Involving the education sector
Make schools safe for girls.
Primary and secondary school systems should be heavily involved in making schools safe, including eradicating teacher violence, as well as engaging in broader anti-violence efforts.
There is room for improvement in action to eradicate physical and sexual violence by teachers against students in virtually all countries and all schools. In some cases, this requires fundamental changes within the education sector, and in school policies, environments and curricula. School policies should prohibit the use of violence as a form of punishment, and violence and harassment by and between teachers and students. Enforcement of such policies should be monitored.
Skills-based education is an effective way to enable students and staff to reduce potential conflicts, and to get involved in community actions to reduce violence and promote non-violent behaviour. School health programmes, such as HIV prevention programmes and reproductive health programmes (particularly those targeting sexually transmitted infections and unwanted pregnancies among adolescents) should address issues of gender, power, and freely given consent.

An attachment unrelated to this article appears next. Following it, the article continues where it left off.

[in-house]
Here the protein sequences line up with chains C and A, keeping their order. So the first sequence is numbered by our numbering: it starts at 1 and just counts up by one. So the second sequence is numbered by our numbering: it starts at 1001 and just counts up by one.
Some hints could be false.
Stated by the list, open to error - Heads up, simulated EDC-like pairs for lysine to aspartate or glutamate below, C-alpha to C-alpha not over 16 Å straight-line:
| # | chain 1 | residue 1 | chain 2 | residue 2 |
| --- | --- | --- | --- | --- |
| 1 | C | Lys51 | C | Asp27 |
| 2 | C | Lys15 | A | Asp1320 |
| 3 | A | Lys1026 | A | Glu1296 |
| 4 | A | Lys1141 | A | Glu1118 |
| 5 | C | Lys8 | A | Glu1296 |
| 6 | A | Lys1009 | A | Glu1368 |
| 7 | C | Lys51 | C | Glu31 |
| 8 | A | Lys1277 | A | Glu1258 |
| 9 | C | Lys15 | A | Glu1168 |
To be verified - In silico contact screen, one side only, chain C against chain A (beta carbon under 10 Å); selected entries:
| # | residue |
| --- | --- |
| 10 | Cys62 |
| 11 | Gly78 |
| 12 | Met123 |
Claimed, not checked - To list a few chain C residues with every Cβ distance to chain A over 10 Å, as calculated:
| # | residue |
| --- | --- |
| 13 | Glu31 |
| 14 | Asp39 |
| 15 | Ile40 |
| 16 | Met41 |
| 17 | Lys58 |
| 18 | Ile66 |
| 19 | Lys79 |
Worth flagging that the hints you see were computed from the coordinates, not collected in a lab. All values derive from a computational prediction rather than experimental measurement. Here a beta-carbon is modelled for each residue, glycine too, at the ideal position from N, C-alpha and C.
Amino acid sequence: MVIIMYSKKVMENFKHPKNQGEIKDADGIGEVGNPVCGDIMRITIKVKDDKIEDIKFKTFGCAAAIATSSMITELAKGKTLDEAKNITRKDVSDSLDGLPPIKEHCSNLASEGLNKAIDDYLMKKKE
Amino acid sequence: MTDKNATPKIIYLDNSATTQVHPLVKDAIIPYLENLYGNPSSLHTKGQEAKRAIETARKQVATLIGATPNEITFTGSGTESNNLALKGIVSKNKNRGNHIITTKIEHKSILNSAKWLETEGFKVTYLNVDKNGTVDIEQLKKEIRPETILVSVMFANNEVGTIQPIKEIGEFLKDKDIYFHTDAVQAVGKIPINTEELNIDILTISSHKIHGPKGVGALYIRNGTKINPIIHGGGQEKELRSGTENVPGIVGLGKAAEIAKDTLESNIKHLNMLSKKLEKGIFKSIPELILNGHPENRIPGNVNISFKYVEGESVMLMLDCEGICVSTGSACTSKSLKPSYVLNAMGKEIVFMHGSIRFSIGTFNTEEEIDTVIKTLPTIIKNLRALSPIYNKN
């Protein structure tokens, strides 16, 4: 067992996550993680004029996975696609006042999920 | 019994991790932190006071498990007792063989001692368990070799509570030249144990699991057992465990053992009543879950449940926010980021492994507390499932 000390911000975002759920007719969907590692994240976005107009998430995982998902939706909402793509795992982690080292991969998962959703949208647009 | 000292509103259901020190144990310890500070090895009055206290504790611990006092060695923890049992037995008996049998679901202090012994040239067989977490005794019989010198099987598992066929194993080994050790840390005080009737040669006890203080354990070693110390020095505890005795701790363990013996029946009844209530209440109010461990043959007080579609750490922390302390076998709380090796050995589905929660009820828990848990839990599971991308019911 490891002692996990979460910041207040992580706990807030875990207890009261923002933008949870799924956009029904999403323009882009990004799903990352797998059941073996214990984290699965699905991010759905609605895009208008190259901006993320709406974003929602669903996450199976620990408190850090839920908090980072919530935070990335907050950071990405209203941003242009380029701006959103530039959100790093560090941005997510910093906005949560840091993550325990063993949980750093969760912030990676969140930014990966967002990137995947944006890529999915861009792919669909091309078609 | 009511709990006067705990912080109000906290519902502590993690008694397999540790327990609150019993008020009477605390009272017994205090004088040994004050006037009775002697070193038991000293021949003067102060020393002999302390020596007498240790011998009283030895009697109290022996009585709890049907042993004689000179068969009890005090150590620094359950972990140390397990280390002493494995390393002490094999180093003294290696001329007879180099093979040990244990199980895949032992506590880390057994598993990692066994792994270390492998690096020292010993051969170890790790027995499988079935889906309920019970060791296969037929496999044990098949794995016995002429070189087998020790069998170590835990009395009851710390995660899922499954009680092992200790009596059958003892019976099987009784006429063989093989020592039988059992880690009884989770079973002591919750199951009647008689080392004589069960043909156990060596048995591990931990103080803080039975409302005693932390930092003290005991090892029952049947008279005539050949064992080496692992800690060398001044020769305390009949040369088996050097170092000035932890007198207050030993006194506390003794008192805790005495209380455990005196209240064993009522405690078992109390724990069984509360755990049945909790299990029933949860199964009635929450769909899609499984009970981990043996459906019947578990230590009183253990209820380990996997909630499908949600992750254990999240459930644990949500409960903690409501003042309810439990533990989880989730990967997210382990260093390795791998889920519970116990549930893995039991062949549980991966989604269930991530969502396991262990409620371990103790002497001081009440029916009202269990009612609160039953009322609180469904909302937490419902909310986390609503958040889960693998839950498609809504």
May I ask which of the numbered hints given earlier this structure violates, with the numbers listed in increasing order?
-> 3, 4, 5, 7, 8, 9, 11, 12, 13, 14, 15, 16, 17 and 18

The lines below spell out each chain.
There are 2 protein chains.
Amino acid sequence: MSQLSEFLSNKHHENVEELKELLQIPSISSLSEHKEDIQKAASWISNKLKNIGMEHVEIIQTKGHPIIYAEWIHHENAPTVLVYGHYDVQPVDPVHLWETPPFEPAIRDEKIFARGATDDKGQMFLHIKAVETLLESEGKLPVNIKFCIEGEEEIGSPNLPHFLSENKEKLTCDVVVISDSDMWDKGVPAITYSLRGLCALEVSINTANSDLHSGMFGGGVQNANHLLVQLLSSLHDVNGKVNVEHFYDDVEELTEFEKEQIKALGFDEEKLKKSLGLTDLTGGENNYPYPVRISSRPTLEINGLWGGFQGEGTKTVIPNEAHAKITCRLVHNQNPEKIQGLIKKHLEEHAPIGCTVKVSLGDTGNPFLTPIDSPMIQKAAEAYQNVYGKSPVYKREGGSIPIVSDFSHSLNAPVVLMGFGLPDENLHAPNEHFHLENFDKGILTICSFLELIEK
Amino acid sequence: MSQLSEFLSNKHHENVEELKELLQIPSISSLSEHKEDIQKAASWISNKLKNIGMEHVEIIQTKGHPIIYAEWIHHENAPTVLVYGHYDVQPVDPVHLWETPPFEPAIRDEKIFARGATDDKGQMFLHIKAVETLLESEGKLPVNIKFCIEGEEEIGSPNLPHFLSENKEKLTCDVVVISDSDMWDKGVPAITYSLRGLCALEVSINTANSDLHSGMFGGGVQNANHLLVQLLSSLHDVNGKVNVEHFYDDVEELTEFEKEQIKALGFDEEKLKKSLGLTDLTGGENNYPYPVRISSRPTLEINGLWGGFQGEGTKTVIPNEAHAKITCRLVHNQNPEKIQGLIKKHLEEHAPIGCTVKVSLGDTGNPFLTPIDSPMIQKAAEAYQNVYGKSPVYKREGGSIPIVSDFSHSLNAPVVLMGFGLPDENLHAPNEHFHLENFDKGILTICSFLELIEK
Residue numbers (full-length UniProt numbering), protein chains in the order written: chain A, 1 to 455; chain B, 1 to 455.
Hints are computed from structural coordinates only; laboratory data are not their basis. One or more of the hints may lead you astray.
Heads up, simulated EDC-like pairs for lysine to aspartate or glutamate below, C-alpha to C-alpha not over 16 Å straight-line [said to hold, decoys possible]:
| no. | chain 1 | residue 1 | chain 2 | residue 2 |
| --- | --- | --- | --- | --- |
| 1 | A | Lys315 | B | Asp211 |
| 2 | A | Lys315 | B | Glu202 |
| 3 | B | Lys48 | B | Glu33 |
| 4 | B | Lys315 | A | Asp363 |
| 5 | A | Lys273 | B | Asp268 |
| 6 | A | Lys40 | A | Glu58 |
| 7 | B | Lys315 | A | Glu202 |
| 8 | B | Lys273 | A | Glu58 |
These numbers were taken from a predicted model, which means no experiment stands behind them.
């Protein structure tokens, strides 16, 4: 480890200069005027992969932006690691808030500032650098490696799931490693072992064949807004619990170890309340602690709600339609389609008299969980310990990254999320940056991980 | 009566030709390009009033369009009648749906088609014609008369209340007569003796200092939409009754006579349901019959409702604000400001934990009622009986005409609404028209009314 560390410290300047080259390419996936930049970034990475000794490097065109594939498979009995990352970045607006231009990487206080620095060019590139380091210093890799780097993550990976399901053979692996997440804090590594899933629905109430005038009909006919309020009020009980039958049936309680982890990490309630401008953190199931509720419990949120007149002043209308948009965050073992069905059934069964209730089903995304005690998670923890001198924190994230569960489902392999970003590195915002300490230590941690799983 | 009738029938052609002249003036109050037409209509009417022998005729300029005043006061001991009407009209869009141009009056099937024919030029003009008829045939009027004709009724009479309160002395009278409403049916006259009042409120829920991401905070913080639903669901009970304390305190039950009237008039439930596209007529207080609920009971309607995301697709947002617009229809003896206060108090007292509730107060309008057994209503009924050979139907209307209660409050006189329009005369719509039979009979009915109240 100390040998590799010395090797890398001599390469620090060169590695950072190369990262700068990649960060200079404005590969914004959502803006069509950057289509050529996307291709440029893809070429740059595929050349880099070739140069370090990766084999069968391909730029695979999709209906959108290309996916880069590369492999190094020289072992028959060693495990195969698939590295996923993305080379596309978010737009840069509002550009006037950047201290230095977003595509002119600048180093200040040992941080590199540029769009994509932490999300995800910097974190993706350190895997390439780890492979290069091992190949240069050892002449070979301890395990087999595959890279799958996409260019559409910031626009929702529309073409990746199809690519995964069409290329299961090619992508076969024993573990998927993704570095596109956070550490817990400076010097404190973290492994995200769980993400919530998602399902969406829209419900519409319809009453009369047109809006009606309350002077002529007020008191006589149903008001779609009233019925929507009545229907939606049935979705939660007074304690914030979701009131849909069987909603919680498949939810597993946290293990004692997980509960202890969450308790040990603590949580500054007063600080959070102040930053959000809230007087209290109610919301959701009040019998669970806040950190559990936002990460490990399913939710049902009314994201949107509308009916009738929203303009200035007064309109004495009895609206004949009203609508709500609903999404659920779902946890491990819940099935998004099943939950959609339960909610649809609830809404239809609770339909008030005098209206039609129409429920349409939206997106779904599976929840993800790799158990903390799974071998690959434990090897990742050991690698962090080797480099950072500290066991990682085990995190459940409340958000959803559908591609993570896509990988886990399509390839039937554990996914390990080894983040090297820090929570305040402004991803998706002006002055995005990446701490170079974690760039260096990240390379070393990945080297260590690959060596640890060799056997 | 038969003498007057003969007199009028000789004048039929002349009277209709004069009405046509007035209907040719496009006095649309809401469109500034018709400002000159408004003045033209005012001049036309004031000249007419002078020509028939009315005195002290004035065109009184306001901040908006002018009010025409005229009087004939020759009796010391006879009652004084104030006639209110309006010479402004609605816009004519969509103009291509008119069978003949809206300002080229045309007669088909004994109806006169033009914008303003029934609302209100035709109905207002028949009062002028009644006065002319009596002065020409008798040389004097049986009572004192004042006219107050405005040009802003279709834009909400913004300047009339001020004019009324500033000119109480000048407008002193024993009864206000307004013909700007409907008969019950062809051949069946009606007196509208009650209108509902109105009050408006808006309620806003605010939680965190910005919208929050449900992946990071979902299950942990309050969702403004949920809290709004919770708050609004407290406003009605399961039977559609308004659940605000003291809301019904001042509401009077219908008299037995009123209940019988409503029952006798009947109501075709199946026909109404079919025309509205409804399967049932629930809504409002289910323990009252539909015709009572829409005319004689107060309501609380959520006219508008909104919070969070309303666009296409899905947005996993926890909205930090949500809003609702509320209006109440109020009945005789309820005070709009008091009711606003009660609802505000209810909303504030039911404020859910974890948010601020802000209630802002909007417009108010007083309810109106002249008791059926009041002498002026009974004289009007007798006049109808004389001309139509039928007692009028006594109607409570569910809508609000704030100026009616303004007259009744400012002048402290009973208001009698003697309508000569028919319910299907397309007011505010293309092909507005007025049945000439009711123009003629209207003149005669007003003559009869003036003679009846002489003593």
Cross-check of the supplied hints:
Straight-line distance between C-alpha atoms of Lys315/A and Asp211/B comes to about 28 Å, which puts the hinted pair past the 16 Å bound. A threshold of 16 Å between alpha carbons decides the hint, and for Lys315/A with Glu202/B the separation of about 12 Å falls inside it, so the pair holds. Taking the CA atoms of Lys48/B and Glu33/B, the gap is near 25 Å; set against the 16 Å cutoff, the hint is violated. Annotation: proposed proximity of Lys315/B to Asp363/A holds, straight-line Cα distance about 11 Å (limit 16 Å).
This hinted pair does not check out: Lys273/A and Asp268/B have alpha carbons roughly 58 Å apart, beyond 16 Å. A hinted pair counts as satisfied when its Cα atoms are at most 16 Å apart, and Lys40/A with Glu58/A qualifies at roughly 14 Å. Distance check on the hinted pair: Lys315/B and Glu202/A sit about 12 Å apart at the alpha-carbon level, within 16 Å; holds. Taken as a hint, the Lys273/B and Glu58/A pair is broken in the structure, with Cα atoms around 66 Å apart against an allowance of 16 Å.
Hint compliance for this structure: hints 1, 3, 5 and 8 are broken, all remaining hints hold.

To be effective, programmes should begin early, involve both girls and boys (although probably with different information and key messages, and with a balance of single-sex and mixed-sex discussions), and apply age-appropriate learning. Such programmes must also be supported by relevant school policies, a supportive school environment, and school health services or referrals to care for and counsel victims and witnesses of violent incidents and harassment.